“The Crossing of the Red Sea” by Nicolas Poussin, 1634. (photo from wikimedia)
We are a people with many memories, many stories, and who we are has been shaped by the stories we remember and tell.
More than any other holiday, Pesach is about remembering and passing that memory down to the next generation. Every Jew is commanded to see themselves as if they came out of Egypt, and to tell their Egypt story to their children. The telling of this story is not mediated by teachers or rabbis, nor is it told in a communal framework. The setting of the seder is one of family and immediate friends, and the responsibility is upon every one of us to decide how we convey the story.
What makes this particularly challenging is that, beyond the complicated family dynamics, a Haggadah that is deeply problematic and different sensibilities with regard to what needs to be done, we have inherited two different stories. The challenge is not merely how to tell the story, but which story to tell.
One story, which dominates much of the Haggadah, not to speak of the story as told in the Torah, focuses on Pesach as a story of exodus, of the Jewish people being freed by God from the slavery of Egypt. “I am the Lord. I will free you from the labours of the Egyptians and deliver you from their bondage. I will redeem you with an outstretched arm and through extraordinary chastisements. And I will take you to be my people, and I will be your God.” (Exodus 6:6-7)
More than freedom and salvation, Pesach is a story of the election of the Jewish people, as God pours down God’s wrath on those who enslave the chosen ones and redeems us out of the hands of Egypt to be God’s chosen people. Each plague, told and magnified, is an expression of love, a gift of betrothal of God to us, an offering that bonds us to one another. “I the Lord am your God who brought you out of the land of Egypt, the house of bondage: you shall have no other gods besides me.” (Exodus 20:2-3)
One of the core consequences of this election narrative under Jewish law is the sanctioned discrimination between Jew and non-Jew, between the Children of Israel and the nations of the world. Because God saved us, all of us, from the slavery of Egypt, Jews are all equal, and no Jew can take another Jew as a slave. However, those who are not the recipients of the gift of exodus, the non-Jews, can become our slaves (Leviticus 25). When we go to war, even wars of aggression, the God who took us out of Egypt will always fight on our side, because the moment of election creates an us-them dichotomy in which God is always with us (Deuteronomy 20). Idolatry is neither false nor futile. It is the worship allotted by God to the non-elected. We, the chosen people, are alone commanded to worship God. The God who saved us in Egypt is our God alone (Deuteronomy 4).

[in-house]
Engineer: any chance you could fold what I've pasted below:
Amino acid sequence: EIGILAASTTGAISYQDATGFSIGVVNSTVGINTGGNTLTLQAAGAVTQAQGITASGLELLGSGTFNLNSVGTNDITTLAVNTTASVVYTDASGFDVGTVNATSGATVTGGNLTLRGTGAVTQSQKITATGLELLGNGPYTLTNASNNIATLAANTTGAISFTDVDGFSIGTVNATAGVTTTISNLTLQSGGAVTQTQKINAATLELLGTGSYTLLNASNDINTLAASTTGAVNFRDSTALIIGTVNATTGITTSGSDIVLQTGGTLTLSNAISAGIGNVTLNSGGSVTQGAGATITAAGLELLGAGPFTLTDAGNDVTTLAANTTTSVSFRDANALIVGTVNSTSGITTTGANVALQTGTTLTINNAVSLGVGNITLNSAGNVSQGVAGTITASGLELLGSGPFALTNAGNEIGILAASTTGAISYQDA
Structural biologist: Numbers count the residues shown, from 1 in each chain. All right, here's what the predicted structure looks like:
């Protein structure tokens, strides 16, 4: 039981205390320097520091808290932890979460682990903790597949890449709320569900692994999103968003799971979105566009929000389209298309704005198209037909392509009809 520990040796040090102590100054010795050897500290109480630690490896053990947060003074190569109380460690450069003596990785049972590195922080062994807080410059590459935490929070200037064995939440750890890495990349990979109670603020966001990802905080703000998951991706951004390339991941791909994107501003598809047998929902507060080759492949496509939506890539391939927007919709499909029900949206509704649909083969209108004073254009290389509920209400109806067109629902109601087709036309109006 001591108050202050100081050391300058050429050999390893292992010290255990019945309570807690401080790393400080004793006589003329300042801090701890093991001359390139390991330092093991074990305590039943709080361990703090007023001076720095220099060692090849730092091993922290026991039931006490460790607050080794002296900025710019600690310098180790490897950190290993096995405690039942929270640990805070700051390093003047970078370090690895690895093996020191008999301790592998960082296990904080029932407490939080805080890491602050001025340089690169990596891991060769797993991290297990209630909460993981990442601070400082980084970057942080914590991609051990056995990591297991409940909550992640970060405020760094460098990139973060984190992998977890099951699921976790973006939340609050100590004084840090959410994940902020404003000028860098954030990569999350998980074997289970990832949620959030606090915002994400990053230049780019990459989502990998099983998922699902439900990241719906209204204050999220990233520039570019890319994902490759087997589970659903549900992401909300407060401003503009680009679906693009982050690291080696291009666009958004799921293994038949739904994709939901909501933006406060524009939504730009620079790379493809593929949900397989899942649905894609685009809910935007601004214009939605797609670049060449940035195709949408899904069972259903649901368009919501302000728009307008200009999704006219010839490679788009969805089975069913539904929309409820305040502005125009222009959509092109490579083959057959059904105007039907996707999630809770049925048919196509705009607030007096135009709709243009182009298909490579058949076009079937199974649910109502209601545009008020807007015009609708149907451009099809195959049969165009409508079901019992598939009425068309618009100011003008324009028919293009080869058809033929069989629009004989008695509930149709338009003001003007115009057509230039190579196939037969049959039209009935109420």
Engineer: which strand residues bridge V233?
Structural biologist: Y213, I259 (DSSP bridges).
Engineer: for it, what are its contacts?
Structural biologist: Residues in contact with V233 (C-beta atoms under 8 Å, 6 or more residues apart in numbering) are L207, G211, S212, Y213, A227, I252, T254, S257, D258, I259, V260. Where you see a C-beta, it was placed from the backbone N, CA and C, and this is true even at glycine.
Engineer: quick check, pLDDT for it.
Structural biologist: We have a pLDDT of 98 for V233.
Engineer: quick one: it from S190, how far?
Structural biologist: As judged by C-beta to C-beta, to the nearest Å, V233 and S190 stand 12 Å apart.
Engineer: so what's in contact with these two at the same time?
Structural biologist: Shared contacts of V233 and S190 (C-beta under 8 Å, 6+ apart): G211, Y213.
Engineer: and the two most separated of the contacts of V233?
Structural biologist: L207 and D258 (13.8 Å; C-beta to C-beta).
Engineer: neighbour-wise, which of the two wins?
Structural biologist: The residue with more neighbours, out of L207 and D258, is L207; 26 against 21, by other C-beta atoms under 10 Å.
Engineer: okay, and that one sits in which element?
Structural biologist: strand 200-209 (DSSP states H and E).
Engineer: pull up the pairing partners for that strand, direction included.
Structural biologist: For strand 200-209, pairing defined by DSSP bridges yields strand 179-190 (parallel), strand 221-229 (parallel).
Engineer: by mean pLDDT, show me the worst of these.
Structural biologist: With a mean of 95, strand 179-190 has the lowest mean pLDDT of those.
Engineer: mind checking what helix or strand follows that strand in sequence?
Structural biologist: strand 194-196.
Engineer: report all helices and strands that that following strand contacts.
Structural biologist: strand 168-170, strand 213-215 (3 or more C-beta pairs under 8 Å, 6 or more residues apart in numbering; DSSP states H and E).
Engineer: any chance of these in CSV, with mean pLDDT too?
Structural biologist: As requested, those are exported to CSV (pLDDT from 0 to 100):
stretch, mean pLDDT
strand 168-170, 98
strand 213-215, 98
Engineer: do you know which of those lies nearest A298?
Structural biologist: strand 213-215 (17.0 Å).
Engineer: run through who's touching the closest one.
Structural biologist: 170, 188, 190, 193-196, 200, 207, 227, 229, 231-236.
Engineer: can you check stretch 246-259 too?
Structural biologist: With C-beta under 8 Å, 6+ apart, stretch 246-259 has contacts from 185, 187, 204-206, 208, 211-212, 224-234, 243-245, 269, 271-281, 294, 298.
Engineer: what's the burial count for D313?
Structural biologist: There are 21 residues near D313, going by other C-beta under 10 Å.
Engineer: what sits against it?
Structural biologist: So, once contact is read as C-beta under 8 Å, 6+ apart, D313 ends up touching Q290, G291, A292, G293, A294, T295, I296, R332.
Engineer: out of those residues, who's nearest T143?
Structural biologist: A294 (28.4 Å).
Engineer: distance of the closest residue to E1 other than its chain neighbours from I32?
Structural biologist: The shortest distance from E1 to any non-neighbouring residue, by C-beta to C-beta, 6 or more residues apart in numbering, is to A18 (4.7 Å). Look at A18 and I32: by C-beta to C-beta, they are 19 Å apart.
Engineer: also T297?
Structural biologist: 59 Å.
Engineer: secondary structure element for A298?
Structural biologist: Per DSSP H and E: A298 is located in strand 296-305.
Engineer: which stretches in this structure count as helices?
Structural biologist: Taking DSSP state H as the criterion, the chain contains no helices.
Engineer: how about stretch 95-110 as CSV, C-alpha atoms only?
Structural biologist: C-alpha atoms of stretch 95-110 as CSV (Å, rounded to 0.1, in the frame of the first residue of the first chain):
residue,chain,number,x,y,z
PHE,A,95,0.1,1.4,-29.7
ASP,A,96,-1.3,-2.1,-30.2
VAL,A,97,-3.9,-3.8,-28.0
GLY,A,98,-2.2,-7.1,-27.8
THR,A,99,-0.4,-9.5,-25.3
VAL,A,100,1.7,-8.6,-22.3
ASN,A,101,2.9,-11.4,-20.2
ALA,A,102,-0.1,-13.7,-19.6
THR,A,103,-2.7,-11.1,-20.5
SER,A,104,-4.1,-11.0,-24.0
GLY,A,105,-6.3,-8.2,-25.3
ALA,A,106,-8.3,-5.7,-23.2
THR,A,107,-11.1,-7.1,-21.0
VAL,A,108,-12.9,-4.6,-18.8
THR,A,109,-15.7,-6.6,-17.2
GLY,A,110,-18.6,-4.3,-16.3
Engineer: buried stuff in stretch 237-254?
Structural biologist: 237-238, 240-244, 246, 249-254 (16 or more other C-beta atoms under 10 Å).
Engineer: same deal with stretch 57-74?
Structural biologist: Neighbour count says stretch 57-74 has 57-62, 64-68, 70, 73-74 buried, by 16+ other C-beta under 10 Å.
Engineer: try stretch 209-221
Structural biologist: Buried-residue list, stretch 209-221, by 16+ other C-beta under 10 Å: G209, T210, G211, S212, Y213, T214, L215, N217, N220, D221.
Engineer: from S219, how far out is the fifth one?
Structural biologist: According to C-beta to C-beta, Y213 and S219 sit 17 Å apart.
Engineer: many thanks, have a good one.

This tale of the story of Egypt finds its culmination in our traditional Haggadah, in which one of its concluding prayers is a petition to God to “Pour out your wrath on the nations that do not know you…. Pursue them with anger and destroy them from beneath the heavens of the Lord.”
There is a second story of Pesach, a story in which neither the exodus nor its accompanying plagues takes central stage, but rather the hundreds of years of our subjugation in Egypt. It is to this memory that the core symbols of the holiday – matzah, the poor person’s bread, charoset, the paste that resembles mortar, and maror, the bitter herb, which cause us to relive the experience of pain – all direct us.
It is this memory that shapes the most-repeated commandment in the Torah: “The stranger who resides with you shall be to you as one of your citizens: you shall love him as yourself, for you were strangers in the Land of Egypt.” (Leviticus 19) The story of Egypt is not one of us-them, but of us being them, of us being members of the community of the downtrodden, and the subsequent obligation to treat all who are in need, Jew and non-Jew alike, as equal members of our society.
In an interesting twist on this story, the Ten Commandments obligate us to rest on the Sabbath, “so that your male and female slave may rest as you do. Remember that you were a slave in the Land of Egypt, and the Lord your God freed you from there with a mighty hand and an outstretched arm: therefore, the Lord your God has commanded you to observe the Sabbath day.” (Deuteronomy 5)
It is not merely that because we once were slaves we are bonded to all those in need. The redemption from Egypt is no longer exclusively the moment of election of us, but rather an expression of God’s care and compassion for all who are enslaved. Both our slavery and our salvation unite us with God, in a common mission to bring freedom and equality to our world.
It is with this idea that we begin to tell the story of Egypt in the traditional Haggadah. “This is the bread of affliction that our forefathers ate in the Land of Egypt. All who are hungry let them come and eat.” All, and not merely fellow Jews.
Pesach is a tale of two stories. Each has shaped who we are. As we tell our stories and pass them down to the next generation, it is our obligation to take responsibility for what will define us in the future and what will determine our religious and national identity. The choice is ours. As you tell the stories this year, choose wisely. Our future and the future of Israel depend on it.
Rabbi Dr. Donniel Hartman is president of the Shalom Hartman Institute and author of the 2016 book Putting God Second: How to Save Religion from Itself. Articles by Hartman and other institute scholars can be found at shalomhartman.org.